The explanation above is simplistic, in that it idealises the oscillation, as it isolates it from other variations. As mentioned before, the speed and size are variable, and the MJO mainly affects rainfall patterns in Indonesia and surrounding areas. Not all of the elements of the MJO — convection, zonal wind, moisture convergence, and SST anomalies — are always visible (5). It is only when the 30-60 day oscillations are extracted from a series of MJO events that the idealised picture of the MJO emerges. Consecutive oscillations have varying amplitudes, periods, and wavelengths. The MJO exhibits the mixed Kelvin-Rossby wave structure over the eastern hemisphere, but over the western hemisphere, it only shows a Kelvin wave structure. It moves through the eastern hemisphere at around 5 m/s and through the western hemisphere at a higher speed (at least 10 m/s). The oscillation is stronger in the northern hemisphere winter. It is also in this season that the negative OLR anomalies are most likely to propagate along the equator from the Indian Ocean to the central Pacific Ocean. In the northern hemisphere summer, many of the anomalies veer away from the tropics before they make it to the central Pacific (6).

Notwithstanding its complexity and dependence on convection, the essence of the MJO (its periodicity, structure and zonal asymmetry) can be simulated in a GCM (7).


  1. Madden, R. A., and P. R. Julian, 1971: Detection of a 40-50 day oscillation in the zonal wind in the tropical Pacific.J. Atmos. Sci., 28, 702-708.
  2. Madden, R. A., and P. R. Julian, 1994: Observations of the 40-50 day tropical oscillation: a review. Mon. Wea. Rev., 122, 814-837.
  3. Jones, C., D.E. Waliser and C. Gautier 1998. The influence of the Madden-Julian Oscillation on ocean surface heat fluxes and sea-surface temperatures. J. Climate 11, 1057-72. (also on the web: Coupled modes of air-sea interaction and the Madden and Julian oscillation.)
  4. Rui, H., and B. Wang, 1990: Development characteristics and dynamic structure of tropical intraseasonal convection anomalies. J. Atmos. Sci., 47, 357-379.
  5. Jones, C. and B.C. Weare 1996. The role of low-level moisture convergence and ocean latent-heat fluxes in the Madden and Julian Oscillation. J. Climate, 9, 3086-104.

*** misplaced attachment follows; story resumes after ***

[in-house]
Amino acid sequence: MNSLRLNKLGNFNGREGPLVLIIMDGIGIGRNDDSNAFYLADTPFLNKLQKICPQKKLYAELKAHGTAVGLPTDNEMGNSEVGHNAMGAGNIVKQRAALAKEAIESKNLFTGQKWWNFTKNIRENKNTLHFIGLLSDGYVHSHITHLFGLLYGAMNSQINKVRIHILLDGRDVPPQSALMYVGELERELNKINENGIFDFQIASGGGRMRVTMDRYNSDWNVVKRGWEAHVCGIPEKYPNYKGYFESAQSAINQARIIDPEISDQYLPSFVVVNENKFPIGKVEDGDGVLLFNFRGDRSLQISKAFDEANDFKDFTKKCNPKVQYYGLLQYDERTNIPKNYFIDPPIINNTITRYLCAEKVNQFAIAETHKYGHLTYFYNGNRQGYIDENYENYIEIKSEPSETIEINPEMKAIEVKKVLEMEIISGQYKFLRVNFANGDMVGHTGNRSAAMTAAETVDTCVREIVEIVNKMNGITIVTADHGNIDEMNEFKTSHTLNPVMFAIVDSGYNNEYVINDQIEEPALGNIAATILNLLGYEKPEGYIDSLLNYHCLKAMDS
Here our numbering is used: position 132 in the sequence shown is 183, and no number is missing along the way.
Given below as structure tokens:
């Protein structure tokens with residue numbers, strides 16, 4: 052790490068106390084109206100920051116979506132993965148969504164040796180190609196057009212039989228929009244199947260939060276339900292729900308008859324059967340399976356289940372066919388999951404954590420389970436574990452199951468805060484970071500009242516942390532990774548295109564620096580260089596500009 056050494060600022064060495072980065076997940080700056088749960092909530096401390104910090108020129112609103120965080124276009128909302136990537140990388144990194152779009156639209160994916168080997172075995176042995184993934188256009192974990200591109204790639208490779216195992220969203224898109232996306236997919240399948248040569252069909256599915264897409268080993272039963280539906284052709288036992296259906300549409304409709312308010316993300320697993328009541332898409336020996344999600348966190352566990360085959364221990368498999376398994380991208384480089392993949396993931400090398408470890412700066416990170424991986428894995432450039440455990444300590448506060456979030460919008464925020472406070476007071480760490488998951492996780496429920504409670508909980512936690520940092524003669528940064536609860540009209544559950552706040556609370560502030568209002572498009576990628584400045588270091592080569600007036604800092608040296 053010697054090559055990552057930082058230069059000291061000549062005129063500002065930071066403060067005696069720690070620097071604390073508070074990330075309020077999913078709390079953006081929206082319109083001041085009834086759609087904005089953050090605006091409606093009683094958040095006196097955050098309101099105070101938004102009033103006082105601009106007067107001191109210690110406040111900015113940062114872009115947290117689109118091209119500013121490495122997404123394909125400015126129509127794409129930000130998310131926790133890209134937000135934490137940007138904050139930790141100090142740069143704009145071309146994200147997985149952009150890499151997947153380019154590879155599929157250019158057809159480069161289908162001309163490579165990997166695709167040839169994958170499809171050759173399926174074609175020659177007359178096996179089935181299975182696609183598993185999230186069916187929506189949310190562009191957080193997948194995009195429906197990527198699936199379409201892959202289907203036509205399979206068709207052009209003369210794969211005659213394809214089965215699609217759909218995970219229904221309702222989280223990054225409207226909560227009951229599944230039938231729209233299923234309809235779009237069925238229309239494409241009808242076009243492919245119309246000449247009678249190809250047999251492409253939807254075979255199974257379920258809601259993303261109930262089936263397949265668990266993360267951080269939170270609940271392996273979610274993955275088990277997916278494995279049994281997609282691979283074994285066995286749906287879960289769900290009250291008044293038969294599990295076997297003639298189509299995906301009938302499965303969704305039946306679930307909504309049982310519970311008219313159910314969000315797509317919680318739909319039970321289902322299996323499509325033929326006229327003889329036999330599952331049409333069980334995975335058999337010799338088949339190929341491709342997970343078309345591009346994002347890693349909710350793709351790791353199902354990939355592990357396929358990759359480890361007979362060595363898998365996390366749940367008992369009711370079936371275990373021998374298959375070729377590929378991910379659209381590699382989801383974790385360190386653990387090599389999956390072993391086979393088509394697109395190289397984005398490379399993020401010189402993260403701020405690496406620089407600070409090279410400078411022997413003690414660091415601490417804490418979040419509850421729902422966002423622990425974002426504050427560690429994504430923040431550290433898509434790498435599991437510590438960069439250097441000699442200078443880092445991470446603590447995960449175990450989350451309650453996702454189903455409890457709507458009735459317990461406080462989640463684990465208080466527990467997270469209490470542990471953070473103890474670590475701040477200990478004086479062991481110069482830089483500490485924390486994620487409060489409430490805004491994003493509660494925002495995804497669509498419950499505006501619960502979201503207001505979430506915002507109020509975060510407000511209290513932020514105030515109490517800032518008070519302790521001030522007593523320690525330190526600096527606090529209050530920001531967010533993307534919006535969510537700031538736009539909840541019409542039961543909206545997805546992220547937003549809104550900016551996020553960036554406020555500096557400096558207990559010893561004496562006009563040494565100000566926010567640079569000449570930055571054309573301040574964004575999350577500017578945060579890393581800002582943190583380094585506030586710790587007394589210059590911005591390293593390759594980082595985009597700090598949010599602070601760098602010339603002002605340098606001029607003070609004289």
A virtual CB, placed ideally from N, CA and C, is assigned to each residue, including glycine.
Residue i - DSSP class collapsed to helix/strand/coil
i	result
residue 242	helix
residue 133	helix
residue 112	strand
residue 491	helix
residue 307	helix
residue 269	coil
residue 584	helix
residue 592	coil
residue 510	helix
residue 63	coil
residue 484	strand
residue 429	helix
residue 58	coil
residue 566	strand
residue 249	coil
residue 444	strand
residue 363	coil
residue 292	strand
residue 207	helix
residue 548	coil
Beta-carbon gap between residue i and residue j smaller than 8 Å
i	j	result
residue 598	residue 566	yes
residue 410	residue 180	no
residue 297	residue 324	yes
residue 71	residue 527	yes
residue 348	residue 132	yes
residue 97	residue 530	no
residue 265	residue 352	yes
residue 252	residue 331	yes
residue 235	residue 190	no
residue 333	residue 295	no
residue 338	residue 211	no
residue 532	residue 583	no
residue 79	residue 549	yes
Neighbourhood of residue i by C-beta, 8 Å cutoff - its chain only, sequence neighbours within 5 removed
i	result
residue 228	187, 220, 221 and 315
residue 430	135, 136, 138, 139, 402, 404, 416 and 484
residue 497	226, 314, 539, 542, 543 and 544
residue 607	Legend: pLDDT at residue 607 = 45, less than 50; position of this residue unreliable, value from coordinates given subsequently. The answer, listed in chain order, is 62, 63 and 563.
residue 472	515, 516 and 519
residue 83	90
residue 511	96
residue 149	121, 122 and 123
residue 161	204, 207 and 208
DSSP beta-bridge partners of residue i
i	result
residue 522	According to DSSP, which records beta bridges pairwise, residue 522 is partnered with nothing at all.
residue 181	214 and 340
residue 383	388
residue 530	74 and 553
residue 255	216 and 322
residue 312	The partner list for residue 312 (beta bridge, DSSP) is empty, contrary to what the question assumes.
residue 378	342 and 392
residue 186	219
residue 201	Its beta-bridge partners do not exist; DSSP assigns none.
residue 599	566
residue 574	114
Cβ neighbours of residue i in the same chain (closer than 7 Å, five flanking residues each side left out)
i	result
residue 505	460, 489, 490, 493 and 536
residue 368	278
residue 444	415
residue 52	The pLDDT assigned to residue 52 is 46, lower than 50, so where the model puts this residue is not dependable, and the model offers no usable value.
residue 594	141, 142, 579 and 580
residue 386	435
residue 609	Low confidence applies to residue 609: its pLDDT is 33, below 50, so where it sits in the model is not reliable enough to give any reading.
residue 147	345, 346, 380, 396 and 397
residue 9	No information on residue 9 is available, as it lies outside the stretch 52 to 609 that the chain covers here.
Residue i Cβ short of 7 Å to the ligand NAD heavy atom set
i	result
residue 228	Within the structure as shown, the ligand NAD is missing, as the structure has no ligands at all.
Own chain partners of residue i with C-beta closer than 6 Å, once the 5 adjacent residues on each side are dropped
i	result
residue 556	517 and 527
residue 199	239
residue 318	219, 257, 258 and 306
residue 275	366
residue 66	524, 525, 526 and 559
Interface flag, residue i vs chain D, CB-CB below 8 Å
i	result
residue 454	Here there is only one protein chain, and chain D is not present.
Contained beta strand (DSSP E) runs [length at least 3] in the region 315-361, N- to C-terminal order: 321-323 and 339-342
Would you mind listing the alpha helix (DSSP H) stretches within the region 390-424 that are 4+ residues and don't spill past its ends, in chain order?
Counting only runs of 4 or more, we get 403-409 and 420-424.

6. Elleman, R. 1997: Predicting the Madden and Julian Oscillation Using a Statistical Model. (unpublished)
  7. Hayashi, Y. and D.G. Golder 1993. Tropical 40-50 and 25-30 day oscillations. J. Atmos. Sci., 50, 464-94.
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December 22, 2010 5:41 pm

During the Atlantic hurricane season, you can watch the MJO pulse traverse the basin and see how it “enables” tropical waves.
Kind of like a long rope that you raise and lower to generate a travelling wave, when the rising air meets a tropical wave going in the opposite direction…bingo…tropical cyclone.
(Hardly a guarantee but if shear is low and SSTs are high, look out!)

Gary Hladik
December 22, 2010 6:03 pm

Dang, for a science that’s supposedly “settled”, there seem to be an awful lot of new details…

December 22, 2010 6:06 pm

Something new has been learned about the dynamics of the atmosphere.
It will be interesting to see how rapidly the models can incorporate this new understanding.
On the face of it, the writeup suggests that these oscillations create a balanced dissipative response to offset increased insolation. That may be very helpful in the determination of the level of feedback from increased levels of CO2 or related greenhouse gases.

December 22, 2010 6:17 pm

Holy crap I feel stupid. Yet, I learn so much here. Thanks for not being just.. a blog. But a resource. Everyday you prove worthy and worthwhile to the world.
Keep up the awesome work.

December 22, 2010 6:21 pm

Great post.
The MJO is definitely a significant player in the global weather patterns.
Joe Bastardi has been opining about it for years on his Pro Site, and you guys are right, the MJO is little known and under-recognized.